Rootless relativism and the high moral indignation of a shrill crusade do not go well together.
If some things are absolutely wrong (every day of the week, in every century, in every culture), then surely it should be easy for those fundamentalists who are propounding such absolutism to answer some simple questions about it. Why are these things always wrong? Who says? Why should we pay any attention to your god?
Steve, Susanah, Jon, et al. — pop quiz.
1. In your system, why is slavery always wrong?
2. Who says that your system is the universal one, binding on all others who may not share your beliefs?
3. Do I have to serve the god of your system even if I do not believe in him/her/it?
It is difficult to suck and blow at the same time. You cannot have it both ways, and yet you are attempting to have it both ways — by distracting the attention of everyone away from these questions by means of sheer volume, indignation, pursing of the lips, media lies, and cute one liners. If you are yelling loud enough, you don’t have to think, and you never have to answer the questions. But the questions remain, for all that.
Take any slave-holding society — pick one, any one of them. Periclean Athens? Augustan Rome? The Aztecs? The ante-bellum South? Which one do you want? Now, tell me why they are bound to drop everything and do it your way? Because Kant says? Or J.S. Mill says? Or the Koran says? Or contemporary enlightened thought in Moscow, Idaho says? Which is it? Answer the question. A consistent relativist would defend the human sacrifices of the Aztecs. Can you defend that, but then draw the line at slavery? “Sure, cut his beating heart out of his chest, but you cannot make him wash the dishes.”
If Baal is god, serve him. If you are an ethical relativist, then open wide and swallow the consequences — all of them. But don’t strut about as though you were a relativist until you meet a conservative Christian, at which point you go after him with all the zeal of a 17th century Jesuit on steroids. Whence this zeal? By what standard? How did we get here?
As I said before in an earlier post, imagine there’s no heaven. Above us, only sky. You were a cropper in the Mississippi Delta 80 years ago. Above you, was there only sky? You were a mistreated slave in 1852, and your master got rich off your labor. Both you and he are dead now. Above the gas chambers of Germany. Only sky? Is there any judgment? Is there any justice? What is justice anyway? You can know what justice is, and then explain the basis of it to the rest of us. Or you can shrug and say you do not know what justice is. But you cannot, dear visionaries, do both. Or, more accurately, you cannot do both without a large number of people seeing what you are trying to do.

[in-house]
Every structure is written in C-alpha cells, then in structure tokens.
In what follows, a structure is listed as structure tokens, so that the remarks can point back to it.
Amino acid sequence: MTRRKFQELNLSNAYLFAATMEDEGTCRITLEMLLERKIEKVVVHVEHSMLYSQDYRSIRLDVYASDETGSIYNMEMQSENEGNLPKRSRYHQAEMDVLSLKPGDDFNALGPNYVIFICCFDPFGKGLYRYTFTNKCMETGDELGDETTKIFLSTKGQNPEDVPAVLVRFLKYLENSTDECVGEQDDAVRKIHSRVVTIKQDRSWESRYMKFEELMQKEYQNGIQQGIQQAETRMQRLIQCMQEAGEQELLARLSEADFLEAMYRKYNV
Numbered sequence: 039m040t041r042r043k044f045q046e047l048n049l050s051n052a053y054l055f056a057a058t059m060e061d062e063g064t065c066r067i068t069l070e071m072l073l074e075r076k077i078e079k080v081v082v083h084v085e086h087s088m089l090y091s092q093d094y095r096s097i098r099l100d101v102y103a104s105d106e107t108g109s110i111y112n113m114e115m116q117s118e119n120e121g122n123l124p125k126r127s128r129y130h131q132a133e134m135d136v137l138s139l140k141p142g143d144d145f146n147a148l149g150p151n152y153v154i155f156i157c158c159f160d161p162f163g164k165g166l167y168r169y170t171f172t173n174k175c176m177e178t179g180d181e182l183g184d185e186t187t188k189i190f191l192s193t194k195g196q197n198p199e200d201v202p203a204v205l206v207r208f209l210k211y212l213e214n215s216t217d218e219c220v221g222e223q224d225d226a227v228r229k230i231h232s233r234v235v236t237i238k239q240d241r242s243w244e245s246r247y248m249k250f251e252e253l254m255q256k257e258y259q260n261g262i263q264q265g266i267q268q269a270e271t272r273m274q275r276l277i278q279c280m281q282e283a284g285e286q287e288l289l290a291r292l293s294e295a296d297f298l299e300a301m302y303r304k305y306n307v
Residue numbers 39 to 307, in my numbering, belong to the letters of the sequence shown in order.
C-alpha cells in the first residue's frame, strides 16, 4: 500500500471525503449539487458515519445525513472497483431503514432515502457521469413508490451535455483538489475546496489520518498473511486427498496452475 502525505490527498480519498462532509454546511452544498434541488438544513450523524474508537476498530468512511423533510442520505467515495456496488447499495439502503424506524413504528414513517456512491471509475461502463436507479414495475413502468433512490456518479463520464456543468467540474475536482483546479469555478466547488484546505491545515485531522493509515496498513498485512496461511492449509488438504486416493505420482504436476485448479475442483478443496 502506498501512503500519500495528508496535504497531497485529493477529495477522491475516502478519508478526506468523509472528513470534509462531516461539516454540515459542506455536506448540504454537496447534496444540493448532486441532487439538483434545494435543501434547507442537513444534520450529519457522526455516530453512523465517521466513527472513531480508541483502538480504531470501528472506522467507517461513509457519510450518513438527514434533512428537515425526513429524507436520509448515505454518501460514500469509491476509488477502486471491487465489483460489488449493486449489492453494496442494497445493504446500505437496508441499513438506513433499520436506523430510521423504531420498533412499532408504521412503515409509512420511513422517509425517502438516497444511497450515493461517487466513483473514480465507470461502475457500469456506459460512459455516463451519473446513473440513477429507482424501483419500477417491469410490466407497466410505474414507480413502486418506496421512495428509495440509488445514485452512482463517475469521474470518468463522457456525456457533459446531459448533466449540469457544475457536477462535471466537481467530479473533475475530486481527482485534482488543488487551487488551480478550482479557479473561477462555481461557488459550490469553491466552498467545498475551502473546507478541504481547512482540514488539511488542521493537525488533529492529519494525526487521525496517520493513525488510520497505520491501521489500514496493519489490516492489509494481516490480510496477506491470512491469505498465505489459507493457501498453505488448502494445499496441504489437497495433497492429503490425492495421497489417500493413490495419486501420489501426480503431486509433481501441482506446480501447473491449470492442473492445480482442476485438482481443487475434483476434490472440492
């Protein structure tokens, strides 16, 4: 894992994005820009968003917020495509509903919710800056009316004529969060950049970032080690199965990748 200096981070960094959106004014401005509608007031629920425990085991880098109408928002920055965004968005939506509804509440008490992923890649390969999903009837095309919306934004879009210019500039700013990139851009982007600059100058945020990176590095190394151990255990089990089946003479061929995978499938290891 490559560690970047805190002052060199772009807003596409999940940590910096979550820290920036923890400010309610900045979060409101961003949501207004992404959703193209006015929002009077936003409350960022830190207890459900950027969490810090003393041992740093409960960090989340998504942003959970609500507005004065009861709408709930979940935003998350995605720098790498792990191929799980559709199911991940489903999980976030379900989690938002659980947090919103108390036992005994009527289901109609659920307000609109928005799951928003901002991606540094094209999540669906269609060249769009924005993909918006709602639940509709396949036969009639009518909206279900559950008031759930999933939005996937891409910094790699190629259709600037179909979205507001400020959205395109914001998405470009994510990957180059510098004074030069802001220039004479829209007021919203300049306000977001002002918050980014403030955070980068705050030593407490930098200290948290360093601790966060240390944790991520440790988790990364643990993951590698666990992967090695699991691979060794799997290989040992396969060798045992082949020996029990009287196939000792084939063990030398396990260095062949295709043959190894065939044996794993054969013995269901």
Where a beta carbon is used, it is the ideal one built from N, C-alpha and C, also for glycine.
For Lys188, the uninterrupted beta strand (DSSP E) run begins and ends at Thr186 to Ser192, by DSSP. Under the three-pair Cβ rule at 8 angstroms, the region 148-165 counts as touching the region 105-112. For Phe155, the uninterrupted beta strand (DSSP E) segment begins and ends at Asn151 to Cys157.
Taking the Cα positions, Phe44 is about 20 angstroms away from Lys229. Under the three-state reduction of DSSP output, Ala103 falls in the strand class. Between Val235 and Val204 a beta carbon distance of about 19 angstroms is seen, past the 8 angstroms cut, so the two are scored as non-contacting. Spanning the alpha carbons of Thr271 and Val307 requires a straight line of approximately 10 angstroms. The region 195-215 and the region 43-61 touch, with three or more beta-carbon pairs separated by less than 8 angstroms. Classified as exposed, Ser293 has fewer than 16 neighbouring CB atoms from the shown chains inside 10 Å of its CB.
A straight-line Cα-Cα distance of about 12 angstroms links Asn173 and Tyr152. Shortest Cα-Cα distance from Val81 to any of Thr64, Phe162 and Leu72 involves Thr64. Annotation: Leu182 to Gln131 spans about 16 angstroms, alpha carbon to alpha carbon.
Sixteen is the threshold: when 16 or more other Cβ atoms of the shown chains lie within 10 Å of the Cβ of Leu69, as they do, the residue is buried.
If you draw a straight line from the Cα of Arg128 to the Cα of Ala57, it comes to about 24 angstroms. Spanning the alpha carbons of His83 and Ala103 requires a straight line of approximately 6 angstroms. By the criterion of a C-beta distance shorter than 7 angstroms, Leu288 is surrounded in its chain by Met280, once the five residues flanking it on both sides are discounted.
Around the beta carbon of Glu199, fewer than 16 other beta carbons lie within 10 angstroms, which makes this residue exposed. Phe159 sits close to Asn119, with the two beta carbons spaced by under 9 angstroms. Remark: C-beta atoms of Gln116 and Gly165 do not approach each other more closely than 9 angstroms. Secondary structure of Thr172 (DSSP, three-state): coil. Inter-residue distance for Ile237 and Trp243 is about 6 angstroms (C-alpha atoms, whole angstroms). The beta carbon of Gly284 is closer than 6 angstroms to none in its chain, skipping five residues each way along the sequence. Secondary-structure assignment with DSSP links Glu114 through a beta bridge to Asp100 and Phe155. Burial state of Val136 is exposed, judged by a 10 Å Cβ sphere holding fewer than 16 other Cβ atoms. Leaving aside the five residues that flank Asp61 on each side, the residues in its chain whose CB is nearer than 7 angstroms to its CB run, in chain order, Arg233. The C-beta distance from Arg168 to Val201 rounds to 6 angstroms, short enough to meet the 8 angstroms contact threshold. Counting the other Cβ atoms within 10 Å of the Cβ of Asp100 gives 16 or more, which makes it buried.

If relativism is the case, then anything goes, including the worst forms of absolutism. Those of you who have joined the chorus of absolutist voices in recent days, proclaiming that certain things are always and everywhere wrong, is this not backsliding away from your vaunted relativism? Are you remembering Sunday School lessons from your youth or something?
Always remember this: no matter what we say or do not say, whether we point it out or not, we know what you are doing. You are trying to shout down the gospel. Jesus Christ suffered, bled and died, and He rose again from the dead. He did so in order make a new heaven and new earth. In Christ all things have been made new. Why are you still steeped in bitterness, clutching to the old? The world has been born again. Why are you not born again? And for those of you who have been baptized, why are you being unfaithful to the triune name that was placed upon you (forever)? Whether for blessing or chastisement, the water of baptism never dries.
Always beware of contradictory tenets of ad hoc “anything but Christianity” worldviews. For example, there are two tenets of dogmatic atheism. 1. There is no God. 2. I hate Him. There are two tenets of militant feminism. 1. Men are jerks. 2. Women should be the same as men. In the same way there are two tenets operative in this imbroglio. 1. There are no absolutes, no such thing as absolute righteousness or wickedness. 2. Those who deny #1 are absolutely wicked.
There is nothing left to do but invite you, really, to come to Jesus. Anyone who is interested in deliverance from a slavery to sin can feel free to contact me off-list.
Apologetics in the Void” are repostings from an on-going electronic discussion and debate I had some time ago with members of our local community, whose names I have changed. The list serve is called Vision 20/20, and hence the name “visionaries.” Reading just these posts probably feels like listening to one half of a phone conversation, but I don’t feel at liberty to publish what others have written. But I have been editing these posts (lightly) with intelligibility in mind.